Heaven… and Earth
Day and Night speak, and say: We with our swift course have brought the Duke Giuliano to death… It is only just that the Duke takes revenge as he does for this, and the revenge is this, that, as we (day and night) have killed him, he dead, has taken the light from us…
On a third wall is the Medici Madonna which was planned for the joint tomb of the two “magnifici” (another Lorenzo and Giuliano – the Medici liked to repeat family names). On the opposite wall is the altar; masses would be held for the dead with the priest facing the Madonna and what small audience there might be sitting on the small bench inside this space. From there you can admire the very strange architecture of this chapel, which takes as its base the more conservative Sacristy by Brunelleschi on the opposite side of the church, but adds to it many amusing tricks of the Mannerist style that Michelangelo was just starting to develop.
Complex of San Lorenzo: Laurentian Library
(open only for special exhibitions, recently for the summer months each year)
Michelangelo is hired by the Medici to build a library in honor of Lorenzo il Magnifico’s collection of books, now called the Laurentian Library. He worked on this at the same time as the medici chapel, in the 1520s. You can see the exterior of the library from the courtyard to the left of the (unfinished) facade of the church of San Lorenzo. Michelangelo’s job was to build around and above the existing courtyard and monks’ quarters, so it was a great architectural challenge.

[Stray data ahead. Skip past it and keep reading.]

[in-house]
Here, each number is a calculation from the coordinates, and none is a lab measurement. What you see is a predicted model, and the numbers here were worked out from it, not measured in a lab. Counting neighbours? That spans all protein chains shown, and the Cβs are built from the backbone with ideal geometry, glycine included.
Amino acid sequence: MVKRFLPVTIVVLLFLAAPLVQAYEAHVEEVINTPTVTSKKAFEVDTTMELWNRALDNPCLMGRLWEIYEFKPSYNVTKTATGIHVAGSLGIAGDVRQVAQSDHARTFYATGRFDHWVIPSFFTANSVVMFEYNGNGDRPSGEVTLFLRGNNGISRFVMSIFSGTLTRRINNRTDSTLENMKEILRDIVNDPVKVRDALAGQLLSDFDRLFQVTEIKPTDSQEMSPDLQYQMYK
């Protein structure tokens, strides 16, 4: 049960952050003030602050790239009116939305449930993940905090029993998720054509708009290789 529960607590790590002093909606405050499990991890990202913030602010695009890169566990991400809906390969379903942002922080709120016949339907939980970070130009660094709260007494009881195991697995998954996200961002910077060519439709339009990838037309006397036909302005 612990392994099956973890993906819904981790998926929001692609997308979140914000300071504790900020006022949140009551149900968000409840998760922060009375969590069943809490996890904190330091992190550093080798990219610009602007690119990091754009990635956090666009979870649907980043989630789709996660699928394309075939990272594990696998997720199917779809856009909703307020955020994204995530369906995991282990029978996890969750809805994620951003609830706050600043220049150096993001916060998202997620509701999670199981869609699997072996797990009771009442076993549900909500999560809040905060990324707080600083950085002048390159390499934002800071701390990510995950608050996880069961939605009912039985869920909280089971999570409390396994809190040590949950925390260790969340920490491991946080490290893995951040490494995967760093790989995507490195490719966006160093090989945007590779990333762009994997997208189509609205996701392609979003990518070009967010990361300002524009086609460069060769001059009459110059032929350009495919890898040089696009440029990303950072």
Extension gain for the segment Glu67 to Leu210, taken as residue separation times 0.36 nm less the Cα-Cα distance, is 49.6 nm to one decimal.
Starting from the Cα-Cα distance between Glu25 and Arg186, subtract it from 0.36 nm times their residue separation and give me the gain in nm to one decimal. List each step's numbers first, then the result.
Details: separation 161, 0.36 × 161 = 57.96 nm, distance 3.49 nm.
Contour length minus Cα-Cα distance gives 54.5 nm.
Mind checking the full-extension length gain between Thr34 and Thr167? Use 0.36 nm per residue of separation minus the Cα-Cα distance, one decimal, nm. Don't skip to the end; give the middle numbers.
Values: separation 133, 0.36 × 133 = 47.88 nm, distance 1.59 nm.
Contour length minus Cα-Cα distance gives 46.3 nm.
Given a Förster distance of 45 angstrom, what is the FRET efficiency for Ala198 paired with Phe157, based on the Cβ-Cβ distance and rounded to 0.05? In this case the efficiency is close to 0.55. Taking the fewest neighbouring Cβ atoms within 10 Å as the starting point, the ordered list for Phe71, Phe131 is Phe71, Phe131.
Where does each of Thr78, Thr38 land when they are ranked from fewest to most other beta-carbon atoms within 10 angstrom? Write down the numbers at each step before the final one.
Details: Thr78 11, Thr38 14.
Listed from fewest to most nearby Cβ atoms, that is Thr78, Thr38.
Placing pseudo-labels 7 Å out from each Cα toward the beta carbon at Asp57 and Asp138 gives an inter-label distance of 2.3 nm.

The Laurentian library has two main spaces: the monumental stairway inside the entrance hall (also called vestibule), and the reading room. The vestibule is generally an odd room because its only function is to house a stairwell, and it’s a very weird set of stairs, too! To me it looks like lava flowing downwards, or a strange carpet being rolled out. It’s truly impractical; the rounded bits catch your foot, and there is no handrail.
The Reading Room is decidedly more regular and calm a space. Michelangelo planned everything in here including the floor design, ceiling design, and the reading desks, although he didn’t execute them – many things were done in the 1550’s based on his plans.
San Lorenzo Church: Facade
It’s not something you can see right now, but Michelangelo at one point was designing the facade for this church that Brunelleschi (the architect) left unfinished! There is a wooden model of the facade in Casa Buonarroti museum.
Museo dell’Opera del Duomo
Piazza Duomo 9 (behind the cupola), opening hours: daily 9 to 19:30, Sunday 9 to 13:45 (website)
Michelangelo conceived of this Pietà for his own funerary monument in the church Santa Maria Maggiore in Rome so you can imagine how lively he must have been feeling at the time. Michelangelo died in 1564, although this work dates to before 1555 and in these years, death was always near for him, as is reflected also in his poetry. The awkwardness of this statue is due only in part to the missing leg of Christ that the artist hacked off in a fit of rage. The disproportionately small figure of Mary Magdalen was finished by one of his students. Despite these elements, the work is very powerful, not to mention that it gives us great insight into the the artist’s working method. Although it was normal to proceed from rough to smoother tools, Michelangelo tended to get impatient and work out the parts that most interested him – resulting in a highly finished chest of Christ while other parts of the work are still just roughed out with the largest chisel.
Church of Santa Croce
Not a work by Michelangelo, but his tomb is located in the Church of Santa Croce – a fitting end for this itinerary.
CREDITS: The inspiration and general source for this itinerary is Michelangelo in Florence by Andrea Giordani - I have started my itinerary using his locations and added my own observations based on my own visits, study, and lecture notes.